“Shirtsleeves to shirtsleeves in three generations.”
Every culture around the world has its version of that proverb. In a proverb from Lancashire in England, it’s “Clogs to clogs is only three generations.” For the Japanese, it was “rice paddies to rice paddies in three generations.” And so it goes.
Why the proverb and what does it mean? One generation makes it—builds a business, creating wealth and success. The next generation loses the entrepreneurial spirit and begins spending it. By the third generation the wealth is gone.
All this points to the fact that we don’t succeed as connected families for very long—usually not more than a generation or two.
That should bother us. Another way of summing up the issue is that while our kids may follow our values, our grandchildren are not likely to do so. At least it will be the exception rather than the norm.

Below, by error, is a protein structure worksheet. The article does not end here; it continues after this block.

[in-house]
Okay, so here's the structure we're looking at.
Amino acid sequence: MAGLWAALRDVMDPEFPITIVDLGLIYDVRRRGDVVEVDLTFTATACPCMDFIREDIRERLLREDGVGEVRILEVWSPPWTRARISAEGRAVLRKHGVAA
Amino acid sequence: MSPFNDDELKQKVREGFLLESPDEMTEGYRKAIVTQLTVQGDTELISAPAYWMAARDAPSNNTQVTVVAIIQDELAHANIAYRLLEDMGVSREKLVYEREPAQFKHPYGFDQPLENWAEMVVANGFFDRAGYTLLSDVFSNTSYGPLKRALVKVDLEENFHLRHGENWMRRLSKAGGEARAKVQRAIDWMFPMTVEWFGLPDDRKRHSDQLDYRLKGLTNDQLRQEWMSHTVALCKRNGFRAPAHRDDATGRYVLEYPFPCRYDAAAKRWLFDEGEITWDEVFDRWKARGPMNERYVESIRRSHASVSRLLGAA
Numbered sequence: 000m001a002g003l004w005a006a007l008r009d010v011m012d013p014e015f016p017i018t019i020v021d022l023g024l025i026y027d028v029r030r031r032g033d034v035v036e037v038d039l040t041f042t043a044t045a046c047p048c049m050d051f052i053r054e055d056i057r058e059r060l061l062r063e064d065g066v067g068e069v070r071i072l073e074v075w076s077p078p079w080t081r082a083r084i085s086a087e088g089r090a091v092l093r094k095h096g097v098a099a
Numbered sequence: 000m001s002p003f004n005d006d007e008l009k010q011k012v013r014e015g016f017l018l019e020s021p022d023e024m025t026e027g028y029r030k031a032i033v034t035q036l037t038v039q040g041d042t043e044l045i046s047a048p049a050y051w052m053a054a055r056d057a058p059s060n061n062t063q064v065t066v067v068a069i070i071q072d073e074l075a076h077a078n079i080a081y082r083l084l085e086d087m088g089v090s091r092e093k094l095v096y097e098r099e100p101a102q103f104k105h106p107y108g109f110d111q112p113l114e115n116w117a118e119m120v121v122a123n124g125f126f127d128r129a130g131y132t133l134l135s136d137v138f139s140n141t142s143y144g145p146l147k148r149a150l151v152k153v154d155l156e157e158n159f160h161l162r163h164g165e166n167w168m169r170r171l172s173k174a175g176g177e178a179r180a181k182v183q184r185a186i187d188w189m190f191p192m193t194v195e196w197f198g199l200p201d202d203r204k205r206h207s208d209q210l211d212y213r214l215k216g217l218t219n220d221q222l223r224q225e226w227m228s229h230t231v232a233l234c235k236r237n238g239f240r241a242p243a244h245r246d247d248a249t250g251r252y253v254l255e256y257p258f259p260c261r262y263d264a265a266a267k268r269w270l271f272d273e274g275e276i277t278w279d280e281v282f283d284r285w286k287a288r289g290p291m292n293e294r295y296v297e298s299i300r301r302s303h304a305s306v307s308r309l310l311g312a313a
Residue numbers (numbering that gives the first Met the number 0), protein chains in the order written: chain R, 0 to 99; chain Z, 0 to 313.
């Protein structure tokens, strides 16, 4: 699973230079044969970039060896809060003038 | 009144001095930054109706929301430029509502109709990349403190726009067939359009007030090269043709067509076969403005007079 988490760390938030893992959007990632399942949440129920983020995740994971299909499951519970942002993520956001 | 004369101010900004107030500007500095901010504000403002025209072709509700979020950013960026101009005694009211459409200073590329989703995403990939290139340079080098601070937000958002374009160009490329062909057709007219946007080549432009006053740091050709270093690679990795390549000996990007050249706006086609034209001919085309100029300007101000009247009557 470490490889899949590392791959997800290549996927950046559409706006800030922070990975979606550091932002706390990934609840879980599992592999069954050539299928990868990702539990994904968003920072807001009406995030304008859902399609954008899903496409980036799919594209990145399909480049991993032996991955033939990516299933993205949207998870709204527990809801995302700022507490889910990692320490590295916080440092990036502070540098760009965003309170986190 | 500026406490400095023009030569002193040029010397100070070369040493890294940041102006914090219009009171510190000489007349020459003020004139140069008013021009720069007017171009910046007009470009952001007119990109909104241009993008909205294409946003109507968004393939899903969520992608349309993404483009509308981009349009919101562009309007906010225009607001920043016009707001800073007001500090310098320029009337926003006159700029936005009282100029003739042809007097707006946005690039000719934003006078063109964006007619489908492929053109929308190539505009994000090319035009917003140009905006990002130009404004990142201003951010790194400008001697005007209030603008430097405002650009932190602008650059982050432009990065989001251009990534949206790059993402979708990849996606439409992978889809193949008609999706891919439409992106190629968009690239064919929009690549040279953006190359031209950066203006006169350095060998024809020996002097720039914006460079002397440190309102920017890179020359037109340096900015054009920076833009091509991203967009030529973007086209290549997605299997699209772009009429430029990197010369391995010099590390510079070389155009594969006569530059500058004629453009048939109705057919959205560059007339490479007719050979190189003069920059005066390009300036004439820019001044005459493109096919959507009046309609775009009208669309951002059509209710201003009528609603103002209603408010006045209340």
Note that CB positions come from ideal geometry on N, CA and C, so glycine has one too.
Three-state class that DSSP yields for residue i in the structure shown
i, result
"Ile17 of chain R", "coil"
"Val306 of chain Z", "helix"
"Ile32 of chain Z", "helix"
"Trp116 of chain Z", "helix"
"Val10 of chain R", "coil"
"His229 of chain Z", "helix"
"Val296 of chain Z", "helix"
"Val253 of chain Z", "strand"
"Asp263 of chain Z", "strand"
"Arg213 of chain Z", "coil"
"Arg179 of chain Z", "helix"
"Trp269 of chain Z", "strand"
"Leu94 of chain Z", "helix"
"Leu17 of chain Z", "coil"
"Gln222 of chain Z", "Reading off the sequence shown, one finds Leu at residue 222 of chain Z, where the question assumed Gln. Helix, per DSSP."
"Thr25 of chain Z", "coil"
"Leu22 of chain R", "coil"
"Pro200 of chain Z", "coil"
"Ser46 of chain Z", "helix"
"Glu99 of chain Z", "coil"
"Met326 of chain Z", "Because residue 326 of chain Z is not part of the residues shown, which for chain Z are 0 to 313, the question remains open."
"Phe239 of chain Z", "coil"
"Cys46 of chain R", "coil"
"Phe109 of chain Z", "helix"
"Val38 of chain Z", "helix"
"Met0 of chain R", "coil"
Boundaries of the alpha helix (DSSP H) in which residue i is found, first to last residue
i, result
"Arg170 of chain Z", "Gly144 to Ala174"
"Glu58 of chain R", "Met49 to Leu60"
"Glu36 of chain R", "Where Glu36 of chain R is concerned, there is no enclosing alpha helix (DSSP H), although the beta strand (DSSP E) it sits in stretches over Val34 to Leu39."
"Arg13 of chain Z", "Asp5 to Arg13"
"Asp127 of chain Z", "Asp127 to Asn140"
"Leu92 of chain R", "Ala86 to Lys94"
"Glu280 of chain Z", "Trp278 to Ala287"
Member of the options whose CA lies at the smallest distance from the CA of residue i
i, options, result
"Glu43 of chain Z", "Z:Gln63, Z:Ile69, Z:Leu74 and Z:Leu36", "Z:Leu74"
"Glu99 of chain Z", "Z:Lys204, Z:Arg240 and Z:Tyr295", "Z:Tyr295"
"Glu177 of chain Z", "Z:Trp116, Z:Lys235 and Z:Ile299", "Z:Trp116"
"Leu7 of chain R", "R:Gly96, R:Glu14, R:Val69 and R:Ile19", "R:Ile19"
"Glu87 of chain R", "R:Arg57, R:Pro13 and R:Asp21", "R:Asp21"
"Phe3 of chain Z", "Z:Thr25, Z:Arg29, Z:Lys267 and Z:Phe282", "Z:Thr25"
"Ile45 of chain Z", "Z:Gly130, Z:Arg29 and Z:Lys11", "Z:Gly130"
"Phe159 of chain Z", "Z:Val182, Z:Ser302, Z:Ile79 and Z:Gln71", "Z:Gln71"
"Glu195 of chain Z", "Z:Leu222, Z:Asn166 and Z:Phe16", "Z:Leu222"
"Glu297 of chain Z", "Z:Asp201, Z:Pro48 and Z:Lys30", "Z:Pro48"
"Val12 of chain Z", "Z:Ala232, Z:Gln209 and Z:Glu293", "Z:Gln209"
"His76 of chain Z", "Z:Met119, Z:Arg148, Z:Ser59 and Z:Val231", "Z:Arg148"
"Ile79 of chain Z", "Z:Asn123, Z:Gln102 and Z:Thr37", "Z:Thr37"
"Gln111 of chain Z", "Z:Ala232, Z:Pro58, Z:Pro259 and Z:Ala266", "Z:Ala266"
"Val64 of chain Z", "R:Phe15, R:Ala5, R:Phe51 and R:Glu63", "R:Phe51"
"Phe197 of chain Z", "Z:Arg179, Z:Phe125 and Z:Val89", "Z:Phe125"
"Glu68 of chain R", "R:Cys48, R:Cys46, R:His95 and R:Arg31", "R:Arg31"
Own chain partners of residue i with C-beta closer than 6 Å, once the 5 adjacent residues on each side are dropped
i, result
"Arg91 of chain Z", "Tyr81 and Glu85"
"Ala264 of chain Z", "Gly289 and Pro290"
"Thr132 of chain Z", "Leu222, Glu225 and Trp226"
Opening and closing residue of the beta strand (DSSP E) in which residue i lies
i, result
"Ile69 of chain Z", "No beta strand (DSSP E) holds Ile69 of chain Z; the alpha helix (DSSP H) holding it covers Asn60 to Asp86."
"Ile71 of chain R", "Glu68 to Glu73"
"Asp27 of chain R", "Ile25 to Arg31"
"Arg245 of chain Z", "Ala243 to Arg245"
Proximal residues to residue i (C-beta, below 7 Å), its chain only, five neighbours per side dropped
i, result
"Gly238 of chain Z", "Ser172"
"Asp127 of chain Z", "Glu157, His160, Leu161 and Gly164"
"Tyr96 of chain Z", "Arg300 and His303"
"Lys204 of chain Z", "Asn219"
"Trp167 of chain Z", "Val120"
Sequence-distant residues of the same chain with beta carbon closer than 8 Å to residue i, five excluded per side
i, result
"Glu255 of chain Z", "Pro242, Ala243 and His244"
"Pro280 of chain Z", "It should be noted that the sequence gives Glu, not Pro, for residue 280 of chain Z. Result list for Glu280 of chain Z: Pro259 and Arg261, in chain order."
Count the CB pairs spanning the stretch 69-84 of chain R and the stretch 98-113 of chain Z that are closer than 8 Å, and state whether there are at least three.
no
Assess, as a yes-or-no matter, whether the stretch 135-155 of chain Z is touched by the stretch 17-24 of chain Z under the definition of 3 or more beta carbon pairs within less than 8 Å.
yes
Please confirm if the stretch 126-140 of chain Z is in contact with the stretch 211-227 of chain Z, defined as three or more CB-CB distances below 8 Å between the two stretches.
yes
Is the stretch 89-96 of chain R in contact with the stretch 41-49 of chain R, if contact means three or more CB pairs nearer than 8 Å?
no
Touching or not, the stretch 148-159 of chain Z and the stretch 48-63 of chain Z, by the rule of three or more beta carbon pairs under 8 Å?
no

I think the first failure is one of vision. We think too small. We’re too short-sighted. At best, we tend to think that our kids and maybe our grandkids can have a good life. But that vision is too small and lacks specificity.
Tweak it slightly. What would happen if our vision was five to seven generations of family who shared the same values and lived them out? Imagine if generation after generation of family knew the same family stories. What would happen if each generation knew what it had cost to get here, and shared in that experience?
Perhaps then instead of “shirtsleeves to shirtsleeves in three generations” the adage might become “from one generation to the next.”
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Published March 12, 2021
Topics: Family Legacy